Examining contemporary psychoanalysis as it is experienced by both analysts and their patients, Mitchell, a training analyst at Manhattan's William Alanson White Institute, cogently delineates the ways contemporary analysis has moved away from Freud's original vision, particularly in regard to drive theory. Mitchell views psychoanalysis as a fluid process in which the developing relationship between analyst and analysand--specifically in the gradual expression and shaping of their own desires and fears--becomes the field on which deep change is facilitated. Setting his observations in a theoretical context, he cites the work of such modern psychoanalytic thinkers as David Winnicut, Heinz Kohut, Melanie Klein and Daniel Stern, among others. He argues that ``analytic method is not archaeological and reconstructive; it does not simply expose what is there. Rather it is constructive and synthetic; it organizes whatever is there into patterns it itself supplies.'' Exploring current theories of self along with such clinical issues as the beginnings and endings of analytic treatment, Mitchell writes with clarity and passion. Psychotherapy Book Club and Behavioural Science Book Service alternates. (Oct.)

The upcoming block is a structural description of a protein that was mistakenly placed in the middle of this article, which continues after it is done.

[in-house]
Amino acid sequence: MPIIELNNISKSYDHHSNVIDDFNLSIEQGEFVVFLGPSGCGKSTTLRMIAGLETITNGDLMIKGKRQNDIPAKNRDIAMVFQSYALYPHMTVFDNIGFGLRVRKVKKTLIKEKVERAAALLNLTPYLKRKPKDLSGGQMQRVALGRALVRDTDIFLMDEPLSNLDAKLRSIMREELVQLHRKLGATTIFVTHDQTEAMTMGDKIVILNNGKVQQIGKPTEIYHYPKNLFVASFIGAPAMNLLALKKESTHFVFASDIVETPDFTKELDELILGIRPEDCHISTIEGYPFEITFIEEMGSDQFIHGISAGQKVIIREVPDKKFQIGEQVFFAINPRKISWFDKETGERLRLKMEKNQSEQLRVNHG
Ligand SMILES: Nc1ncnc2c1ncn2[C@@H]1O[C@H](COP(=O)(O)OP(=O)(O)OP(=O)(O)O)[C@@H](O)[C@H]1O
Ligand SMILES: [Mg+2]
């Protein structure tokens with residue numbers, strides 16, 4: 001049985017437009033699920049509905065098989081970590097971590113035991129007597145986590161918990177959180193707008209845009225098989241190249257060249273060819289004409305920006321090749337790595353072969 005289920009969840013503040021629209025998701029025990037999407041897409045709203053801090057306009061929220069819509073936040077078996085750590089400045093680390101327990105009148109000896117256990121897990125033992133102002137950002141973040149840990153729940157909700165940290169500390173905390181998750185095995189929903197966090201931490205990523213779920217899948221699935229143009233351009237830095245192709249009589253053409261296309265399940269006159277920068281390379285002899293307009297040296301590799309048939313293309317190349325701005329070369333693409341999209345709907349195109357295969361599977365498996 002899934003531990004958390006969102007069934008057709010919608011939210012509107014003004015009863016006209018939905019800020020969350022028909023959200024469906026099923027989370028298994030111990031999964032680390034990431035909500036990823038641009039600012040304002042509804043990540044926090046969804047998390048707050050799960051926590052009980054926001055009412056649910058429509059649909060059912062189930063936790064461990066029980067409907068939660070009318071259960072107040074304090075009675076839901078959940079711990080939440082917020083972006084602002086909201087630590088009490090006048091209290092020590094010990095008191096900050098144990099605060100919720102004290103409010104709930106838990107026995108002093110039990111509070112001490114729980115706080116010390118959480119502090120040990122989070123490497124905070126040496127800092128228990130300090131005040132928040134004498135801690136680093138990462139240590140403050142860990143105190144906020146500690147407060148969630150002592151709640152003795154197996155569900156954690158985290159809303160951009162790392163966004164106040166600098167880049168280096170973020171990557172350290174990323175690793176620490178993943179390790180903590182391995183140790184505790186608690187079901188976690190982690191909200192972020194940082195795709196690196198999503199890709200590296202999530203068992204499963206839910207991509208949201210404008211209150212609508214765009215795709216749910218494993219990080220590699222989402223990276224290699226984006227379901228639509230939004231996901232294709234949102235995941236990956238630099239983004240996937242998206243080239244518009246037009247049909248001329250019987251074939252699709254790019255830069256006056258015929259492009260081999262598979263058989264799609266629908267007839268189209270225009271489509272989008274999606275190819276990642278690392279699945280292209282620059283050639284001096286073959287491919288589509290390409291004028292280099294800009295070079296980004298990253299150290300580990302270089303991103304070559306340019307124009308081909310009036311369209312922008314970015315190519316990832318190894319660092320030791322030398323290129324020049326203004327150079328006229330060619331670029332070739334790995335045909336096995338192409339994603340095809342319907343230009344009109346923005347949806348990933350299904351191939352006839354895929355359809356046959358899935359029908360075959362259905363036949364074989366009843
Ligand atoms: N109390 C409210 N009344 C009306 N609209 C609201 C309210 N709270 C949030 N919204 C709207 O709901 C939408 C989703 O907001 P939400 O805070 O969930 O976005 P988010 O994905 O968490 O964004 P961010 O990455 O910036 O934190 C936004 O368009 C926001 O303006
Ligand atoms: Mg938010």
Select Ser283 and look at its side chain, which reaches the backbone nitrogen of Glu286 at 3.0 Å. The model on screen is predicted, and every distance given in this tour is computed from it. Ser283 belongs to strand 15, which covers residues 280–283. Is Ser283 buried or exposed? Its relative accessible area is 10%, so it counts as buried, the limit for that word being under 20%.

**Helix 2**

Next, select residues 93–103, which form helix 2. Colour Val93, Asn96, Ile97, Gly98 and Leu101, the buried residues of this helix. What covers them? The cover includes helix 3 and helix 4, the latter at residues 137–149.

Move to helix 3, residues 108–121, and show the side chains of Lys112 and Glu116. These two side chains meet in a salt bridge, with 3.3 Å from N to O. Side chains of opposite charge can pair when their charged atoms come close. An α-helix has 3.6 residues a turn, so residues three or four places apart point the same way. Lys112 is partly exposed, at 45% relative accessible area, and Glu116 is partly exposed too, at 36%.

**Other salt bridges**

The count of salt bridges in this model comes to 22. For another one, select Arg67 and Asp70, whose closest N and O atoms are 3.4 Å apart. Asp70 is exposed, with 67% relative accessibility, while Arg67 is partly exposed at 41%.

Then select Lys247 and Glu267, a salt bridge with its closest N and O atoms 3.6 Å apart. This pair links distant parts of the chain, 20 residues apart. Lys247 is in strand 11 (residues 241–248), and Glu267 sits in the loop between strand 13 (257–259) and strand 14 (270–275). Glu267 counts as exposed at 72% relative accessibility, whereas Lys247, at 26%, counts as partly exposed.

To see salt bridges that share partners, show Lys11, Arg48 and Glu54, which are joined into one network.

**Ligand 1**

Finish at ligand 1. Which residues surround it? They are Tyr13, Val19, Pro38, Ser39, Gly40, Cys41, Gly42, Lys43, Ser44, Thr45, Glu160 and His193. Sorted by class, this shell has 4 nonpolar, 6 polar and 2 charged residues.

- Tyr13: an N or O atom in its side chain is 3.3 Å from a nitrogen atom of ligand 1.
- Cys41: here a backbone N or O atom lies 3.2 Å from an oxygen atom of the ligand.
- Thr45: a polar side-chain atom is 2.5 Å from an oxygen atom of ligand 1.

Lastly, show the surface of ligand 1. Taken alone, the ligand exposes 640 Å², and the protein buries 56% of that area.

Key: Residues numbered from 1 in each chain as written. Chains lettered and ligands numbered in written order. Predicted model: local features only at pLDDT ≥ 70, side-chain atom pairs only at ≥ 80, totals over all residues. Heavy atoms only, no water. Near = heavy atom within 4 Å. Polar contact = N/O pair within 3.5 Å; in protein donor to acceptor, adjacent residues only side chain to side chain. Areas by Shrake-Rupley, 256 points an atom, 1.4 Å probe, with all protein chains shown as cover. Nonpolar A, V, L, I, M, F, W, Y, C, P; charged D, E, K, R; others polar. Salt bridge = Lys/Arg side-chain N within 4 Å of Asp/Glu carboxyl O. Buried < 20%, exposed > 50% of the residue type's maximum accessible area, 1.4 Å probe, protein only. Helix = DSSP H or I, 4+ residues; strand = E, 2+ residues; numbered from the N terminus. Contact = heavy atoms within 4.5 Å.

Reviewed on: 10/04/1993 Release date: 10/01/1993 Genre: Nonfiction
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